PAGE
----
NEW REPORT: EXPANDING RESOURCES FOR CHILDREN III: RESEARCH-BASED BEST PRACTICES IN ADOPTION BY GAYS AND LESBIANS
Media Advisory: For Immediate Release
AIMING TO INCREASE FAMILIES FOR ‘WAITING’ CHILDREN, INSTITUTE RELEASES
NEW RESEARCH ON GAY/LESBIAN ADOPTION AND RECOMMENDS BEST PRACTICES
NEW YORK, October 20, 2011 – Despite laws in some states that impede the practice, a growing number of lesbians and gay men are adopting children in the United States – at least half of them providing families for boys and girls from foster care and 60% adopting transracially, according to the results of an extensive new survey by the Evan B. Donaldson Adoption Institute.
The survey is part of a broad, four-year-long research project by the Adoption Institute that culminates in the publication today of a 69-page report, “Expanding Resources for Children III: Research-Based Best Practices in Adoption by Gays and Lesbians,” which provides important new information about and insights into the perceptions, experiences and needs of non-heterosexual adoptive parents.
“We know the majority of adoption agencies readily work with gay and lesbian clients, and our research shows that most want guidance about how best to do that,” said Adam Pertman, Executive Director of the Adoption Institute. “Our hope and belief is that by providing greater knowledge to professionals, policy-makers and the public, the result will be more families for the children who need them.”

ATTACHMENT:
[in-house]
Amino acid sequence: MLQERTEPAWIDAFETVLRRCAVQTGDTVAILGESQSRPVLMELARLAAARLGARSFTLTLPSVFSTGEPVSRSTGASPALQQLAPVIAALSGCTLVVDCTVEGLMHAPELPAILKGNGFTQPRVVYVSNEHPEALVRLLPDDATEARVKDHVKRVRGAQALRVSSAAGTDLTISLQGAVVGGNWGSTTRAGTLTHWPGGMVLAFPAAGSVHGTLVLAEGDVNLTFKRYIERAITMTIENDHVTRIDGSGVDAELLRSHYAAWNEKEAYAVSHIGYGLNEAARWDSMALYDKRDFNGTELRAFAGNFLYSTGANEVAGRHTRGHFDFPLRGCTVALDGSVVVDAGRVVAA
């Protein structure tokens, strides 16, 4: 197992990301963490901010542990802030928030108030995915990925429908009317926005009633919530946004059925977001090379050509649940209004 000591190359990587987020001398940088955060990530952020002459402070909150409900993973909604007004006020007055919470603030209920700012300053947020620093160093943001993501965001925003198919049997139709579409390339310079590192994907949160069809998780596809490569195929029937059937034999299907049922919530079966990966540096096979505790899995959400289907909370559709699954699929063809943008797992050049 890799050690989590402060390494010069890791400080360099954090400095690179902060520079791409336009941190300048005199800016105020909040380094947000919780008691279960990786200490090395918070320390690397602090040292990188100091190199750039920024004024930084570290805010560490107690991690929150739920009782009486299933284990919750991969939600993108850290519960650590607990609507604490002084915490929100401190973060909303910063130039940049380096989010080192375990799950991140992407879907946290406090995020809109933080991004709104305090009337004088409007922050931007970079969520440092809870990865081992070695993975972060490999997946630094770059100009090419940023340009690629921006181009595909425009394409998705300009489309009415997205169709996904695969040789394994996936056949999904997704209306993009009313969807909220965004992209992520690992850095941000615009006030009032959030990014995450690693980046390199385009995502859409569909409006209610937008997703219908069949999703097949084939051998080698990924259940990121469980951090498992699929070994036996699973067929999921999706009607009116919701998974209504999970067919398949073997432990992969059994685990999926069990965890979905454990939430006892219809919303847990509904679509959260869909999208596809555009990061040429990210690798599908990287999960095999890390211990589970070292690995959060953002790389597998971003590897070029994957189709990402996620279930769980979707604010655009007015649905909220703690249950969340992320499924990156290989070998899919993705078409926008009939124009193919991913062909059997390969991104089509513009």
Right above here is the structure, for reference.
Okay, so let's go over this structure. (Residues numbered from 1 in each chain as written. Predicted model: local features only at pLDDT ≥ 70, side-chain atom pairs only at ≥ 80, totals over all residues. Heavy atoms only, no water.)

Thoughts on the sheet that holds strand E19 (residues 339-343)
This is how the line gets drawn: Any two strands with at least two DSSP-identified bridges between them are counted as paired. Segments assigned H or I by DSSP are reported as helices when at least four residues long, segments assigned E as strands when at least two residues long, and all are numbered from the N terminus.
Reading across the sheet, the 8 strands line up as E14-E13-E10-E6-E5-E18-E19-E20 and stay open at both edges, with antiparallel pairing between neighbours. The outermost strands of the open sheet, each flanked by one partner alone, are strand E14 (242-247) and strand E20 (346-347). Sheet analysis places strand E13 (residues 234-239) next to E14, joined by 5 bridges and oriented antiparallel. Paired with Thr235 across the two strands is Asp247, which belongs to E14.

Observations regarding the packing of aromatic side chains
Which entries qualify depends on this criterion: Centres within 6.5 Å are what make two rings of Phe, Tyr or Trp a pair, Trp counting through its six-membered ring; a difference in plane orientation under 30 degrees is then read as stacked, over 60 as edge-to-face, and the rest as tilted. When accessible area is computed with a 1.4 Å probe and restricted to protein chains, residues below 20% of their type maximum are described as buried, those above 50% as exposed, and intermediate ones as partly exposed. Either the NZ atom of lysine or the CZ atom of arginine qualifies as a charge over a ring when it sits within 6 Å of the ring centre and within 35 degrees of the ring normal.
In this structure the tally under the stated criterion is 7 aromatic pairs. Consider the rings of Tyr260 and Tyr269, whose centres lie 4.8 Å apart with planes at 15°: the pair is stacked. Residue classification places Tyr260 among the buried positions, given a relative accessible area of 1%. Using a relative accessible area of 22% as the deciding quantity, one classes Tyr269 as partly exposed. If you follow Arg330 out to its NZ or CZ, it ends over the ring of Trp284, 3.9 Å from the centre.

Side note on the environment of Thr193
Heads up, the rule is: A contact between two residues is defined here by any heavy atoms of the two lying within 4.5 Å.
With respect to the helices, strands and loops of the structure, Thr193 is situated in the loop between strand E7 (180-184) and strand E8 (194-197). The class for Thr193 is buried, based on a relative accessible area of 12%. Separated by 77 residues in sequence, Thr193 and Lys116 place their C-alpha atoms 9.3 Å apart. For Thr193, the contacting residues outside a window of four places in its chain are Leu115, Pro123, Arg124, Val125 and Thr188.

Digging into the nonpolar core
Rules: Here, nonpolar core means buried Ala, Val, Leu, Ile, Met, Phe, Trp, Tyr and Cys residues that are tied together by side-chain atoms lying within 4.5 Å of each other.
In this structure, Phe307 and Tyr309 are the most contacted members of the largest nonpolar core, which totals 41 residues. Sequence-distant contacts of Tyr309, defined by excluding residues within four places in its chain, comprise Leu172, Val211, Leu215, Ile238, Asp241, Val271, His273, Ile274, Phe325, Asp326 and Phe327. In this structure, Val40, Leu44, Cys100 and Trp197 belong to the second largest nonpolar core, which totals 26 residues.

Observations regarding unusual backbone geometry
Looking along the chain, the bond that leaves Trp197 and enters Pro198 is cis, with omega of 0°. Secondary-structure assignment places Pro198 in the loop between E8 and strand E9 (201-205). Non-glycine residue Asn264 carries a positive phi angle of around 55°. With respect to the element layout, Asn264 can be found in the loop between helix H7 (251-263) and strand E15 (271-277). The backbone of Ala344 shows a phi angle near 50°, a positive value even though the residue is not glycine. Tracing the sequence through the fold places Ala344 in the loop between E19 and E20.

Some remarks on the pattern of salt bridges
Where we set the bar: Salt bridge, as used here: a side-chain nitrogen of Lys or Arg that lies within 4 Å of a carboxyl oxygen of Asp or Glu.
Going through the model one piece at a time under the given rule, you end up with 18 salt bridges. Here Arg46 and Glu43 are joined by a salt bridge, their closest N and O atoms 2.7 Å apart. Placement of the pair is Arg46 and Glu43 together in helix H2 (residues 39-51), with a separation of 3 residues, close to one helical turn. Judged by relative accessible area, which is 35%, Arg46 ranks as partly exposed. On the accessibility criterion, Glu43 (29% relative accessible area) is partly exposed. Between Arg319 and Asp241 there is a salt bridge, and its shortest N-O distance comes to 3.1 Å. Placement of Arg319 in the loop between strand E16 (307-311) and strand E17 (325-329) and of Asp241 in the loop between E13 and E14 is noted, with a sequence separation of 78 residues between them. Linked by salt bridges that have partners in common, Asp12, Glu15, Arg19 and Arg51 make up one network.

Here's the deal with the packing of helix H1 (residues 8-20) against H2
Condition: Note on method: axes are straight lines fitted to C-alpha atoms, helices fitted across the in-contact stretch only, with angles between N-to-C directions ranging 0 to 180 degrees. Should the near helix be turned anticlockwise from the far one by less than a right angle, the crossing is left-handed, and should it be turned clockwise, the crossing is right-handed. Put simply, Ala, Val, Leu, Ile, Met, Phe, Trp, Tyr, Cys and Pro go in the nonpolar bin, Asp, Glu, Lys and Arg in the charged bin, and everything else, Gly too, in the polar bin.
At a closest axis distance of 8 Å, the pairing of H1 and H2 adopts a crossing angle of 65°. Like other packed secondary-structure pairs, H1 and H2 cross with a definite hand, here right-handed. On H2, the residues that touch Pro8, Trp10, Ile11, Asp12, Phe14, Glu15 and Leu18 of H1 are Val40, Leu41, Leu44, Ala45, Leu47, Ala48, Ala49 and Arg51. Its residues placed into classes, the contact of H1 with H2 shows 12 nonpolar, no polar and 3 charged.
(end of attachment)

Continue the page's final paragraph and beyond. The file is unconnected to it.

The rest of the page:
In addition to the statistics cited above, major (and interesting) findings in the Institute’s report include:
- About one-third of the adoptions by lesbians and gay men were “open,” and the birth families’ initial reactions regarding sexual orientation were very positive (73%). Interestingly, male couples more often reported having been chosen because of their sexual orientation than did lesbians, explaining that the birthmothers expressed a desire to remain the child’s “only mother.”
- Over 10% of the children adopted were 6 or older – a population generally perceived as more difficult to place – and 25% were at least 3 years old. Interestingly, the household incomes of respondents were high – and more so for the male parents, $212,380 vs. $115,467, indicating (among other things) that more lesbians adopted as individuals and more gay men as couples.
Among the report’s recommendations, primarily intended for practitioners and policy-makers, are:
- Remove legal and cultural barriers so that all qualified, vetted prospective parents can be considered, notably including the passage of “gay marriage” laws, because the social institution of marriage brings clear long-term psychological (and other benefits) to children.
- Provide training, recruitment and educational tools to increase professional competence for working with non-heterosexual parents, and offer pre- and post-placement services to better enable those parents to deal with adoption issues and those relating to their sexual orientation.